Chemical oxygen demand (COD) is the amount of oxygen necessary to oxidize the organic and oxidizable inorganic compounds completely to CO2 & H2O.
Measurement of the polluting strength of wastewater and natural waters and is closely related to the Biochemical Oxygen Demand (COD), total organic carbon (TOC), and total oxygen demand (TOD). The COD will always be higher than the BOD since the COD includes substances that are both chemically as well as biologically oxidised. In untreated domestic wastewater, COD ranges between 250 and 1000 mg/L.
The ratio of COD: BOD provides a useful guide to the proportion of organic material present in wastewaters that is biodegradable, although some polysaccharides such as cellulose can only be degraded anaerobically and so will not be included in the BOD estimation. The COD:BOD relationship varies from 1.25 to 2.50 depending on the waste being analysed. The ratio increases with each stage of biological treatment as biodegradable matter is consumed but non-biodegradable organics remain and are oxidised in the COD test.
1. Potassium dichromate (Standard solution): K2Cr2O7 – 0.004167 M (0.0250 N)
2. Mohr’s Salt: Ferrous ammonium sulphate (Standard solution): FeSO4.(NH4)2SO4 (0.025 M)
3. Mercuric Sulphate: Powdered HgSO4
4. Silver Sulphate: Powdered Ag2SO4
5. Phenanthroline ferrous sulphate indicator solution
6. Concentrated Sulphuric acid: H2SO4 18 M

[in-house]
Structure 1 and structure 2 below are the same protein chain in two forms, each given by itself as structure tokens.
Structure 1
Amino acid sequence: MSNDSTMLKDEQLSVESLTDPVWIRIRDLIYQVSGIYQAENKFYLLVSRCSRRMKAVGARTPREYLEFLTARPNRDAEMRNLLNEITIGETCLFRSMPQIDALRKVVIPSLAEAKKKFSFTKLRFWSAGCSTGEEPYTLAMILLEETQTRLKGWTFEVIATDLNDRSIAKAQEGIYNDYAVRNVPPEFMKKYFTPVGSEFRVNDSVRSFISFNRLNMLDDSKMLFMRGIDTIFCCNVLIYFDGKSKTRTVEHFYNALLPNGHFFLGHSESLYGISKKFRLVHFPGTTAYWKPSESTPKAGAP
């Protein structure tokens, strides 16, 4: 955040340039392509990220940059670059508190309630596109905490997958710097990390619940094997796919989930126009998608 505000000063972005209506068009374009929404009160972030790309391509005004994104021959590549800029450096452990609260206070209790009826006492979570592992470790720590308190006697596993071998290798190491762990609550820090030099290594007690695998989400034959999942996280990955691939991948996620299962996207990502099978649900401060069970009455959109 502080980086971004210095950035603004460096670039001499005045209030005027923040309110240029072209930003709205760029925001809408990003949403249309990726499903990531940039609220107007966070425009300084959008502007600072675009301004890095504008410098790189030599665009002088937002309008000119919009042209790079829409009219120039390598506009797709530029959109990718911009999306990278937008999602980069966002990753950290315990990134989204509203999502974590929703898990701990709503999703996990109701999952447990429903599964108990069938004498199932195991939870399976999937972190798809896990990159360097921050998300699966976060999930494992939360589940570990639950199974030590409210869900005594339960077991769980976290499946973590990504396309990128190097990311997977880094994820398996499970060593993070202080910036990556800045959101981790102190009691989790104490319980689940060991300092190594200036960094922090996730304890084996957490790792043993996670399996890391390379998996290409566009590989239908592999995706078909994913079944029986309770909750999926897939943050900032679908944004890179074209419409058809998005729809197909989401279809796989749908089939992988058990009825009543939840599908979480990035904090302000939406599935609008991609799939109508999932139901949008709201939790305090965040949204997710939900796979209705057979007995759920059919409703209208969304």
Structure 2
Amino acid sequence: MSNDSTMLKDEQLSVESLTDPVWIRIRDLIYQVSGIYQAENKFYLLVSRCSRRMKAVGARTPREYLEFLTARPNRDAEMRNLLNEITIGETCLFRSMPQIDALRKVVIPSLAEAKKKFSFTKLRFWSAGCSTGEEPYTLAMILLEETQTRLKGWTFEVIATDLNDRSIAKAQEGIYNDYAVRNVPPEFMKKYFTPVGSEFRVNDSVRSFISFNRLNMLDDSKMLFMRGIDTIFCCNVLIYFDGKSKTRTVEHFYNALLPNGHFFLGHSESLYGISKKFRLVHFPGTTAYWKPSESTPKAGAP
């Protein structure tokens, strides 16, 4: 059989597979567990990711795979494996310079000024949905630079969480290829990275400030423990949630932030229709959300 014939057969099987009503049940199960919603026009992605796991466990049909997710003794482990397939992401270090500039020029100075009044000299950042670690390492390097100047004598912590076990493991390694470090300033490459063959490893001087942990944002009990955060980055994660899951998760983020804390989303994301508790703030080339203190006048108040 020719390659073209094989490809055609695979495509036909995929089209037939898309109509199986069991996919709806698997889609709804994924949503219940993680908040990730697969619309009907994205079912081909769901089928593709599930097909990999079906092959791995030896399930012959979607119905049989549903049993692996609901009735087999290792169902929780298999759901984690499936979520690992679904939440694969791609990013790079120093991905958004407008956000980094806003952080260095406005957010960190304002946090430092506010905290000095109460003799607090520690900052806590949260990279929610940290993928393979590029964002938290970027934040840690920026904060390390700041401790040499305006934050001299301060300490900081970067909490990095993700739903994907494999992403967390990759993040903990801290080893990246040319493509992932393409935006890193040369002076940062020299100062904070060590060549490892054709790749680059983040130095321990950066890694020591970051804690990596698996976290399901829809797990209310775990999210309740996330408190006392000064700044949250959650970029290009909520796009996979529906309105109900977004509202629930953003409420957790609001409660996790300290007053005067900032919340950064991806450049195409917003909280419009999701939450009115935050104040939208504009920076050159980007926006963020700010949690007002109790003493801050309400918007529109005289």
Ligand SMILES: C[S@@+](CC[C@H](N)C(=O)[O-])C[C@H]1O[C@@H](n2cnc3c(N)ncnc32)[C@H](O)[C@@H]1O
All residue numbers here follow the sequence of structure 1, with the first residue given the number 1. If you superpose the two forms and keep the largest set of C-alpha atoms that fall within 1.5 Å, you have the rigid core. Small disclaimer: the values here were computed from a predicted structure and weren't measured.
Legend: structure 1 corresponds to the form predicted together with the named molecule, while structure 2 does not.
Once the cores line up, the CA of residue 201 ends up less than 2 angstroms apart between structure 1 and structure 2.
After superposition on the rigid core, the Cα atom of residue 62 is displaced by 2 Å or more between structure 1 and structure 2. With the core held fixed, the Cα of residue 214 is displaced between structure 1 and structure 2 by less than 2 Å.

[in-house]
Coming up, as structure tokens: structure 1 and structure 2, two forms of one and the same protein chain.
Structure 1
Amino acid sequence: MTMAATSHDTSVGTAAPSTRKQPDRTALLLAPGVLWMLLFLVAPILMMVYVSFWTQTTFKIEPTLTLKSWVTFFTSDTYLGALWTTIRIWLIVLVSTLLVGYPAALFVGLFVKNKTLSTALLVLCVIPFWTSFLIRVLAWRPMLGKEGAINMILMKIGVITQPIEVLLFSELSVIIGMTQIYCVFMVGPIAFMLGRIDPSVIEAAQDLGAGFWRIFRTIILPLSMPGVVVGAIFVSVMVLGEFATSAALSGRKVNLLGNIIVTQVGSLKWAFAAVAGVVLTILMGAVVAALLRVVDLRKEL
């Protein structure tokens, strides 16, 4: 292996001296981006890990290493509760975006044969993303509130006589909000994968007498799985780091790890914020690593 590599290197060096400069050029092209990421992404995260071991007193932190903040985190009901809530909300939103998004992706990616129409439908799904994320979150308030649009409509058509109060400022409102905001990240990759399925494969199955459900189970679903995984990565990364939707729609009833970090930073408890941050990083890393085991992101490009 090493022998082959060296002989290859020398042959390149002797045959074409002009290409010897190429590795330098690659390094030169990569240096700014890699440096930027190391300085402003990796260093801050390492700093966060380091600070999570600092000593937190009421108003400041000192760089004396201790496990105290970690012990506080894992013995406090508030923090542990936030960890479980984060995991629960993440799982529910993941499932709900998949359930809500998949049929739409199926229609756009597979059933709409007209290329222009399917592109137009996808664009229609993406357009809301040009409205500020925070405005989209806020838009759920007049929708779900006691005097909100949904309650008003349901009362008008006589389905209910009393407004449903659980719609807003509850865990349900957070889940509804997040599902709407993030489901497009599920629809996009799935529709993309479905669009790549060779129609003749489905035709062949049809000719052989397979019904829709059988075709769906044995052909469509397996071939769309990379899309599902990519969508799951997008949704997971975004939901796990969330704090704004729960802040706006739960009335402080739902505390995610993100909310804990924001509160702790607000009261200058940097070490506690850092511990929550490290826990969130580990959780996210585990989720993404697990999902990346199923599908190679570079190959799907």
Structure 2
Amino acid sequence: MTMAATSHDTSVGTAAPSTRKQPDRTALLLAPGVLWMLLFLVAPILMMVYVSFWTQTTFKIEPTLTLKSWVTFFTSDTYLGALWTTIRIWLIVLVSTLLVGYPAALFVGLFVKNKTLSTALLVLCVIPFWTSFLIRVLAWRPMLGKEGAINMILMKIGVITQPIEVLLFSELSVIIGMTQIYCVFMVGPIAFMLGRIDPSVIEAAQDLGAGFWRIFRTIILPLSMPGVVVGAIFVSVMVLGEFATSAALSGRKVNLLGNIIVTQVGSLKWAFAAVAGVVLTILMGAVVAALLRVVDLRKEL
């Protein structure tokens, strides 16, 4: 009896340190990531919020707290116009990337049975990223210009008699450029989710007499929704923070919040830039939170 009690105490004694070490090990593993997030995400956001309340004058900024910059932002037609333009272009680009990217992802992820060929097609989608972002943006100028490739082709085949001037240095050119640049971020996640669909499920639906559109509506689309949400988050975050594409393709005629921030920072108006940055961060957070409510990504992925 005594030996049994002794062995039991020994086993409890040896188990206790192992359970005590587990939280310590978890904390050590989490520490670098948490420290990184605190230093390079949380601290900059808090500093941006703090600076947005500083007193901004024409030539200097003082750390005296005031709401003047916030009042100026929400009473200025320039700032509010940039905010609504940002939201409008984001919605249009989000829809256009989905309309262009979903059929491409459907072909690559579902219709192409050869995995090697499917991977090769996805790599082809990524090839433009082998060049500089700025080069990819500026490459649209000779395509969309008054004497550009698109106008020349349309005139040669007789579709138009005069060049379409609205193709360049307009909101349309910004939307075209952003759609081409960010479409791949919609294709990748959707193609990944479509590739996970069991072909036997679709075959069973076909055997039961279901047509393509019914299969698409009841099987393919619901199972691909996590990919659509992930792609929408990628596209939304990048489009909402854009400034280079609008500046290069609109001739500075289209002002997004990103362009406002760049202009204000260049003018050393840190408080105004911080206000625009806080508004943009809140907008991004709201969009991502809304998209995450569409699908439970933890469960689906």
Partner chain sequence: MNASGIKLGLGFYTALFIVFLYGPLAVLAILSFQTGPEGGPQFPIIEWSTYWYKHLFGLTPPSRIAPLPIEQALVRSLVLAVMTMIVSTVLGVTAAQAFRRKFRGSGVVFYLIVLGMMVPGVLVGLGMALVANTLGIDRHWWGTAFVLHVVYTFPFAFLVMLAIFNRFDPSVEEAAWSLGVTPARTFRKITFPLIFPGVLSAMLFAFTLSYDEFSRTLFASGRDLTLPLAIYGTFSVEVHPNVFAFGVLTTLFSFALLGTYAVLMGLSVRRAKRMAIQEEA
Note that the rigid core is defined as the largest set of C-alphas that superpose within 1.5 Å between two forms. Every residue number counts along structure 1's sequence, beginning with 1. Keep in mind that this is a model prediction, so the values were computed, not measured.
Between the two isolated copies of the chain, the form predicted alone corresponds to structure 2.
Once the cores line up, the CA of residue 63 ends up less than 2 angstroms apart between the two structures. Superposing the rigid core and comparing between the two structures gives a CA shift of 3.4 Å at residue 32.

Note: The Cr-COD method is used as the standard in USA and Taiwan. Compared to Japanese Mn-COD method, it has a higher detection limit and severe chloride ion interference because of the stronger oxidant and the longer digestion time. In order to reduce the chloride-ion interference. The mercury salt (e.g. HgSO4) is usually added to mask the chloride ion.
The COD test employs a potassium dichromate reflux with concentrated sulphuric acid, using silver sulphate (Ag2SO4) as catalyst and mercuric sulphate (HgSO4) to complex any chlorides present which could interfere with the reaction. The sample is refluxed for 2 hours in an acidified potassium dichromate solution of known strength so that the amount of oxidisable organic matter in the sample is proportional to the potassium dichromate consumed in the oxidation reaction. The excess dichromate is titrated in the ferrous ammonium sulphide to calculate the amount of dichromate consumed.